December 22, 2021

The Man in the Glass with Ed Molitor

Episode 140:

In the last 26 years, Ed Molitor has developed his leadership skills in both athletics and business. From working as an NCAA Basketball coach at Texas A&M to becoming the Vice President of a national recruiting firm, Ed has taught countless athletes, coaches, and business leaders how to THINK, ACT, and EXECUTE at an elite level. Ed has a unique set of skills to deliver leaders across the country a purposeful, positive, energetic, and refreshing experience to unlock their true potential.

In 2016, Ed launched his company, The Molitor Group, in order to reach and add value to a larger sphere of ambitious individuals and help them achieve their goals every day. Through The Molitor Group, Ed has guided all types of leaders to achieve success. From entrepreneurs and executives to teams and companies, The Molitor Group specializes in empowering individuals and groups to achieve at the next level. Through Leadership Performance training, coaching, and speaking, Ed’s goal is to supply people and organizations with the necessary tools to move forward from where they are now to where they want to be.


Thinking Like A Leader (1:22)

Ed recalls the quote, “Every sinner has a future, and every saint has a past.” We are all flawed and have made mistakes and bad choices, but we’re capable of making amazing choices, too. It’s been a consistent pattern of behavior with Jacksonville ex-coach Urban Meyer that his last few stops have been about him and not about the people he leads. 

Ed is no stranger to heated coaches’ meetings. Still, it’s unacceptable to start making personal attacks on the people who put their lives and careers on the line for you, especially when you’re making bad decisions on and off the field and in and out of the office. Urban Meyer is a perfect example of how not to be a leader, and there have been visible signs and behavior. 

The Man in the Glass (4:40)

There’s a lot we can learn from situations like Urban Meyer, and that’s what we can do to be better leaders on and off the field. “The Man in the Glass,” by Dale Wimbrow Jr., is a poem that often comes to mind when Ed thinks about leadership and making poor decisions.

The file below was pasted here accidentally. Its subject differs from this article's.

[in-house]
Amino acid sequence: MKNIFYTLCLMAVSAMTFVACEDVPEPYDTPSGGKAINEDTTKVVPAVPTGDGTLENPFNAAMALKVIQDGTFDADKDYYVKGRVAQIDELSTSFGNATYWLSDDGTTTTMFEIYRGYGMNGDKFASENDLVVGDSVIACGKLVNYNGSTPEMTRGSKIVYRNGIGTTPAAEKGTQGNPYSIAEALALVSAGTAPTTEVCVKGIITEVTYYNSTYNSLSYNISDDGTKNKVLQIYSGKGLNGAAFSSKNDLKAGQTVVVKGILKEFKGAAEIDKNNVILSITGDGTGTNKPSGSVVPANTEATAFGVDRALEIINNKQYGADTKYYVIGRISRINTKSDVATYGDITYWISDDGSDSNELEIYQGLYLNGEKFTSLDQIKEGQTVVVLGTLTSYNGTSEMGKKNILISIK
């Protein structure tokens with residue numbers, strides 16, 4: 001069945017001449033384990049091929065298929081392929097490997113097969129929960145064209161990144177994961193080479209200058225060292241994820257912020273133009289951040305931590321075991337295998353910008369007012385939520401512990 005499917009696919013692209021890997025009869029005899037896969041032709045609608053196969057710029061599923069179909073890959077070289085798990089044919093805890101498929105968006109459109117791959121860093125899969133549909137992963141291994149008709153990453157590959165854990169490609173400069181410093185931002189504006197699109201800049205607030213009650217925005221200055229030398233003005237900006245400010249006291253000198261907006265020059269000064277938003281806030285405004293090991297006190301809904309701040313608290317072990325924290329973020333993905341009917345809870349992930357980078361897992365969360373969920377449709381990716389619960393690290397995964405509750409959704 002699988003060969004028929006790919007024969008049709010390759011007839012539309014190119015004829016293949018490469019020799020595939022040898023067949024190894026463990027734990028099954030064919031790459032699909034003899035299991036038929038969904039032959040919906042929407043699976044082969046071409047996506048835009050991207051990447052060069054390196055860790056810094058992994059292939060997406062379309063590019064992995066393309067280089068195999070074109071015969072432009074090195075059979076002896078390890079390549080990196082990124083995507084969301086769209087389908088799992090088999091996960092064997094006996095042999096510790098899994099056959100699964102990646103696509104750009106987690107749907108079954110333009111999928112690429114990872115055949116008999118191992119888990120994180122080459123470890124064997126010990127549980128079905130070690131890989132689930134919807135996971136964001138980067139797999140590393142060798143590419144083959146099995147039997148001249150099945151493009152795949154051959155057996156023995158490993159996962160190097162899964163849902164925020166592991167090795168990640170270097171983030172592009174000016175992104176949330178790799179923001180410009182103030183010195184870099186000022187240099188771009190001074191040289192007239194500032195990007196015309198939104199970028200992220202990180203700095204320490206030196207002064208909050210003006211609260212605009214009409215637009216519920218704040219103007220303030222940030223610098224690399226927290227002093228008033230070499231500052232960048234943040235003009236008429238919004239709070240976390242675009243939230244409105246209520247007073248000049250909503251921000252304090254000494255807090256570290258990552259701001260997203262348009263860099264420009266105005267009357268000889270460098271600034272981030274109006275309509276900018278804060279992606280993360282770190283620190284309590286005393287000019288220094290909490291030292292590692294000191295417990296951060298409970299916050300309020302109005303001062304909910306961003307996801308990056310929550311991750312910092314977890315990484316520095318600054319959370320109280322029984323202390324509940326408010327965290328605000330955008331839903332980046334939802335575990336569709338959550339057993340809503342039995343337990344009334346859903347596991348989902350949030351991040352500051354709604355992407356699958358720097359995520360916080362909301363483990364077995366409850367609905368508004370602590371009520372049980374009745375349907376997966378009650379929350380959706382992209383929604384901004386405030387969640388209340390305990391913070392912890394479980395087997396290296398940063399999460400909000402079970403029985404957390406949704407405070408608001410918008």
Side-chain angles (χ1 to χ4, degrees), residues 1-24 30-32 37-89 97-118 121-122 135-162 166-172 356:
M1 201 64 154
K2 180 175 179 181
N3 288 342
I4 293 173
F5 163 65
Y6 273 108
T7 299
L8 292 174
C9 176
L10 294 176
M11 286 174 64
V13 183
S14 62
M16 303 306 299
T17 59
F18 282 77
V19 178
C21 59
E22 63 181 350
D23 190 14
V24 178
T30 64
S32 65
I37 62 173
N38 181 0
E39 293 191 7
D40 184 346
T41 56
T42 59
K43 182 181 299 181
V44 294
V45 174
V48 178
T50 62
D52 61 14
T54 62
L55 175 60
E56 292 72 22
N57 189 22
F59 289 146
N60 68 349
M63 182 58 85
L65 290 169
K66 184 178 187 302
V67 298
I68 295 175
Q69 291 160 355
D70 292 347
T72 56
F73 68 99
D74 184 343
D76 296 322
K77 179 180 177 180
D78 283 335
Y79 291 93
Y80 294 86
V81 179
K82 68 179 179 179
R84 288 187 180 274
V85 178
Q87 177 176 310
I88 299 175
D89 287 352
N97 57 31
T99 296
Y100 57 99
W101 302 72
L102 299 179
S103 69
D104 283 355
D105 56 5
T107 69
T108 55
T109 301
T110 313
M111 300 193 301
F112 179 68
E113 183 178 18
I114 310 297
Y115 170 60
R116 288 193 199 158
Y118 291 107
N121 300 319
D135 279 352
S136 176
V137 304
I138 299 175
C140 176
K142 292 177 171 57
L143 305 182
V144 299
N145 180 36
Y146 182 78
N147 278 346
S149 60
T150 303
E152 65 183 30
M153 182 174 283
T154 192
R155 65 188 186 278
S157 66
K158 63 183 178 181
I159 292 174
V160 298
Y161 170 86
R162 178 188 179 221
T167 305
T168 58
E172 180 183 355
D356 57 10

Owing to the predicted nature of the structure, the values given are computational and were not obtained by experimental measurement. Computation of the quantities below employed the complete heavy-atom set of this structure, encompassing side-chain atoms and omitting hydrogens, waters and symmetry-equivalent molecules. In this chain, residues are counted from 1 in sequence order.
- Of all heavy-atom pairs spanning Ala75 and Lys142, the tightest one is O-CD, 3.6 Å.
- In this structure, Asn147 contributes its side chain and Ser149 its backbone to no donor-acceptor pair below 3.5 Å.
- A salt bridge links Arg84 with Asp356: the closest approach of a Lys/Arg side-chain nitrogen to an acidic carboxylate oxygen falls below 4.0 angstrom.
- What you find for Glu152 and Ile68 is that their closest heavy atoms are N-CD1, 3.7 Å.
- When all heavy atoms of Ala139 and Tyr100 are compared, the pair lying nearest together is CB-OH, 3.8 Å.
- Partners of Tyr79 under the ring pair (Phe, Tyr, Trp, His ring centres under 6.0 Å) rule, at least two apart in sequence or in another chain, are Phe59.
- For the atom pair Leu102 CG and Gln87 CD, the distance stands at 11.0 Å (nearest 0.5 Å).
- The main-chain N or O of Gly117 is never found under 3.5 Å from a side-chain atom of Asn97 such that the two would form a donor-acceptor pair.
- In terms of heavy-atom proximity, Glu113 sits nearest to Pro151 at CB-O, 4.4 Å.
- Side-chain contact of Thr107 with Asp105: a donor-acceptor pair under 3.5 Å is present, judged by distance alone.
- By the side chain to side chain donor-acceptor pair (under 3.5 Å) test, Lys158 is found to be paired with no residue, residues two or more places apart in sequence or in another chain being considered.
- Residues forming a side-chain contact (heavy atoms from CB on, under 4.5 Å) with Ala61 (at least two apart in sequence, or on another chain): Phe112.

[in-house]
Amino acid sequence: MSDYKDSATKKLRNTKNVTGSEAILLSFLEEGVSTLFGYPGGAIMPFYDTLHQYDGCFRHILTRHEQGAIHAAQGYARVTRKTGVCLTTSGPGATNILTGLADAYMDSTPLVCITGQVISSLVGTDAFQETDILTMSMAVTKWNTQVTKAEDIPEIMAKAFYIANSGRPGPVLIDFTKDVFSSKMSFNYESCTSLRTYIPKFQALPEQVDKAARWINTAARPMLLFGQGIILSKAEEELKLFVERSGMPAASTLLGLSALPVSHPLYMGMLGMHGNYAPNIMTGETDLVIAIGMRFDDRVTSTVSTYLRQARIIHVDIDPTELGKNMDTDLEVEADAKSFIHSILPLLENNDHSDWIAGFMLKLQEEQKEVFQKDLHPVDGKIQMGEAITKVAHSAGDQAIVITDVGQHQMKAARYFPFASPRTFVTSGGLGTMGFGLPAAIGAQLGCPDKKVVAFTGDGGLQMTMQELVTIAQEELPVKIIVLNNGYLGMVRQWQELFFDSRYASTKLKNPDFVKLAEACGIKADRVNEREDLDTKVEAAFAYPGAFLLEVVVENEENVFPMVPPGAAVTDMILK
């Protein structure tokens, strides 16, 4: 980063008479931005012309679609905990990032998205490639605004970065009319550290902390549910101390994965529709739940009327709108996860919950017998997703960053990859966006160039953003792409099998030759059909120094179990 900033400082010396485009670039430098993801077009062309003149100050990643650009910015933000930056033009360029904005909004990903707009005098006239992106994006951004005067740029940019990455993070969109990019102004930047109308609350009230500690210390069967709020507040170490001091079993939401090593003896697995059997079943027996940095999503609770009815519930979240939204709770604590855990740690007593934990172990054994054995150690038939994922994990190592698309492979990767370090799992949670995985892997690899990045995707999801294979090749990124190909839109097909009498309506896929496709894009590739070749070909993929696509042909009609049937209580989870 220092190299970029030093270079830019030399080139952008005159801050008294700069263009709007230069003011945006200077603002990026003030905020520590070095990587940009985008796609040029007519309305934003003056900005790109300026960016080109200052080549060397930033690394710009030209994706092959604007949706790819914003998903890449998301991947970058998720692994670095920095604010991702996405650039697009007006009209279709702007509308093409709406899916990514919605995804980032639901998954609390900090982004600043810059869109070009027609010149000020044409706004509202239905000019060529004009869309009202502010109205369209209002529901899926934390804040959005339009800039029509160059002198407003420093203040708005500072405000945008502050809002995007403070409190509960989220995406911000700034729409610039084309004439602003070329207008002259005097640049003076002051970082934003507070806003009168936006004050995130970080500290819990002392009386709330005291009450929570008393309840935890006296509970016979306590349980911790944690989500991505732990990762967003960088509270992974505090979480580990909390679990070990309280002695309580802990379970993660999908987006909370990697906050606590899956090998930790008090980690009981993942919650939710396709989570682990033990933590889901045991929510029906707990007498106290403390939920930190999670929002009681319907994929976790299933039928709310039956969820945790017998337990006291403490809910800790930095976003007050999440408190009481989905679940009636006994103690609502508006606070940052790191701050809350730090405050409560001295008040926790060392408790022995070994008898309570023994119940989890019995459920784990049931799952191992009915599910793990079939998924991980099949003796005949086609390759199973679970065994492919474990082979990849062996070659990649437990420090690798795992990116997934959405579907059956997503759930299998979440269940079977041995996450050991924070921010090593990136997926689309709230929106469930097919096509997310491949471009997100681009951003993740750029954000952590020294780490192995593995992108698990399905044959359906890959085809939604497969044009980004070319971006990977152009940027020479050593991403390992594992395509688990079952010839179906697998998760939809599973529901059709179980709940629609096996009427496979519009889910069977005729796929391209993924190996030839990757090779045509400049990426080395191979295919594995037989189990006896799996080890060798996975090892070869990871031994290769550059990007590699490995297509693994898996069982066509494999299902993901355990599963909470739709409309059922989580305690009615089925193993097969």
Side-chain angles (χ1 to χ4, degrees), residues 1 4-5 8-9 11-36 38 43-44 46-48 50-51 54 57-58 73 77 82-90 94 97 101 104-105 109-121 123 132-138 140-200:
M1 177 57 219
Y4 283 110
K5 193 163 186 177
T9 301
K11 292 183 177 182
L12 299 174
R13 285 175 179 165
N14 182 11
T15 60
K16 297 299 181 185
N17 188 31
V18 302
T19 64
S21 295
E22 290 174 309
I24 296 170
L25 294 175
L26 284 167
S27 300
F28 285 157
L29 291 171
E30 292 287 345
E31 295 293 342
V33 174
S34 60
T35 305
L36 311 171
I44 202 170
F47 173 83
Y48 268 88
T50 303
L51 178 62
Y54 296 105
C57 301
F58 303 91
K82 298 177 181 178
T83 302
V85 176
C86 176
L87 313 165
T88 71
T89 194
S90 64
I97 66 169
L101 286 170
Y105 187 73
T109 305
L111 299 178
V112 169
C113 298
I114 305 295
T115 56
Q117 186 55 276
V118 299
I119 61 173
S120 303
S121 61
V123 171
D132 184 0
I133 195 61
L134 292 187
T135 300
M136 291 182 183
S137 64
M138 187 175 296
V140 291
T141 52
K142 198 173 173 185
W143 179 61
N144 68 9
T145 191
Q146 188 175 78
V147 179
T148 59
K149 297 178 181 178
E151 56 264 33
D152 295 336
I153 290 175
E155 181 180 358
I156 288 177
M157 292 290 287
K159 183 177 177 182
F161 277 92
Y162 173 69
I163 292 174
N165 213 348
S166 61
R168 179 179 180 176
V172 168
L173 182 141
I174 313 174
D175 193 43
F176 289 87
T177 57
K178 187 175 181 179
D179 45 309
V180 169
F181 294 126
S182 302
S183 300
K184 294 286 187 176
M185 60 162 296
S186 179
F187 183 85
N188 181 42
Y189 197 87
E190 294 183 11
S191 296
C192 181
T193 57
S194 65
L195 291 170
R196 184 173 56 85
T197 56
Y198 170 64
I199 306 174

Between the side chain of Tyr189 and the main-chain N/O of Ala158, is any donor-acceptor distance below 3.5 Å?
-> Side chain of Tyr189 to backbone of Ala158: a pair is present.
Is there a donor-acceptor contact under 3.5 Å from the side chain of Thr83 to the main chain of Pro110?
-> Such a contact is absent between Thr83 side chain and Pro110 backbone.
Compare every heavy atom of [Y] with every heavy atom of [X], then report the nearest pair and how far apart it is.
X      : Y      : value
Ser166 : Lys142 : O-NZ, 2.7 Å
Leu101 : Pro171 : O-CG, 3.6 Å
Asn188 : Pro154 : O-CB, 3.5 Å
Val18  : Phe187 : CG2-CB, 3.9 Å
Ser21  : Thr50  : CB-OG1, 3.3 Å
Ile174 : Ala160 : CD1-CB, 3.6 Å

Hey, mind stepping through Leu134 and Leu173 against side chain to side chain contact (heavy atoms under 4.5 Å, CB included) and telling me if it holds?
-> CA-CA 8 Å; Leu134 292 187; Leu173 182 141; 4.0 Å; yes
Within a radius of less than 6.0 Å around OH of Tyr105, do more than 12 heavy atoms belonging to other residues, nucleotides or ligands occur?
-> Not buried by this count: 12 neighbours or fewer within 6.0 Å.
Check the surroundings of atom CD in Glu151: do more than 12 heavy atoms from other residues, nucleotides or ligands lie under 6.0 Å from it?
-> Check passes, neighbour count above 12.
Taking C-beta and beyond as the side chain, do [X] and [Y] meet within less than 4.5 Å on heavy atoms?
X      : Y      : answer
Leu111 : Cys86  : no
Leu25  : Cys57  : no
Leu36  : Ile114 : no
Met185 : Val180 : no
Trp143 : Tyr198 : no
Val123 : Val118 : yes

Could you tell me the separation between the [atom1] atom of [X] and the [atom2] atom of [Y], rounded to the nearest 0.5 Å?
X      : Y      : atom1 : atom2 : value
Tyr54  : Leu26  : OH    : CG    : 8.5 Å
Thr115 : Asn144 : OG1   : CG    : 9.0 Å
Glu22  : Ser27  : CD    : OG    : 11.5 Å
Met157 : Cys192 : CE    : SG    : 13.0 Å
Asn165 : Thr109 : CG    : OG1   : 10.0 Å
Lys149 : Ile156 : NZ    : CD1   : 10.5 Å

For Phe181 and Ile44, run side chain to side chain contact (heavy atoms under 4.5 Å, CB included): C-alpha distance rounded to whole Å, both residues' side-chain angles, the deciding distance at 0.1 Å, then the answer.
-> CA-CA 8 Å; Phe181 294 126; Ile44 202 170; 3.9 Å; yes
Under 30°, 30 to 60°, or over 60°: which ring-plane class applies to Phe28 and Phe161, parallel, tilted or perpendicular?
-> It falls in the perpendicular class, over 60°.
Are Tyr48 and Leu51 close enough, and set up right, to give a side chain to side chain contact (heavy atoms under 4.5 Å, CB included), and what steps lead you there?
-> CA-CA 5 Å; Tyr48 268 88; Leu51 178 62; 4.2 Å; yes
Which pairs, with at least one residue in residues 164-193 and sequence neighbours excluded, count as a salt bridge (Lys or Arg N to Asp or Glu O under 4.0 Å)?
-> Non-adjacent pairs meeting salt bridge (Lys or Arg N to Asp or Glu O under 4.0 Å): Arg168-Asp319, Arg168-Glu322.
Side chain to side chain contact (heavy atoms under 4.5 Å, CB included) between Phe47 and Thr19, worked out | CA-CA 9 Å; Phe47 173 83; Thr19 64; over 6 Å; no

The Man in the Glass


When you get what you want in your struggle for self,

And the world makes you King for a day,

Then go to the mirror and look at yourself,

And see what that guy has to say.


For it isn’t your Father, or Mother, or Wife,

Who judgment upon you must pass.

The feller whose verdict counts most in your life

Is the guy staring back from the glass.


He’s the feller to please, never mind all the rest,

For he’s with you clear up to the end,

And you’ve passed your most dangerous, difficult test

If the guy in the glass is your friend.


You may be like Jack Horner and “chisel” a plum,

And think you’re a wonderful guy,

But the man in the glass says you’re only a bum

If you can’t look him straight in the eye.


You can fool the whole world down the pathway of years,

And get pats on the back as you pass,

But your final reward will be heartaches and tears

If you’ve cheated the guy in the glass.


We often talk about the word “victory” and what that means to us here at the Molitor Group and the answer is its value. However, the message behind Dale Wimbrow’s poem cannot serve you unless you have an incredibly strong set of protective values. As you climb the ladder of success, are you looking down at the people you’re leading, or are you pulling them up with you? Ed believes coaches like Urban are looking down on the people he leads.

Victory is way more than the wins and losses. Our values are the criteria by which we judge ourselves and others, and our character determines it. They are standards that dictate our attitude, communicate, and build a team that’s a part of something bigger than ourselves. With Urban Meyer, it was never about the team. He didn’t understand the honor it was or the responsibility of the head football coach of the Jacksonville Jaguars. 

Determining Personal Values (11:35)

One of Ed’s top recommended leadership books that reflect on athletic leadership is Legacy about the New Zealand All Blacks. There’sThere’s a responsibility of putting on that black jersey and a commitment to the players who earned it. The book also focuses on having and improving self-awareness and staying grounded in honor of putting on that black jersey. The most significant present you can give the people in your life is the ability to be present, but Ed takes that a step forward and asks- how do you show up when you are present? Ensuring attitude, mindset, and character align with your values will help you make the most of every moment. 

Take time to think about one of the best moments in your career, family, etc., where you displayed your leadership skills. These are the moments when you were listening to understand, setting aside judgment, or supporting someone by telling them what they needed to hear effectively. Write that down and spend some time thinking about what values of yours appeared in that moment. Next, do the reverse, write down a time when you weren’t at your best, and think about what values of yours didn’t show up with you. 

Think about your code of conduct and what values you need to be your best version. Growth is evolution, and if we’re not authentic, we can get lost along the way. Align your actions with your values and start being true to yourself and your mission. 


Additional resources:

  • Email:
  • Legacy


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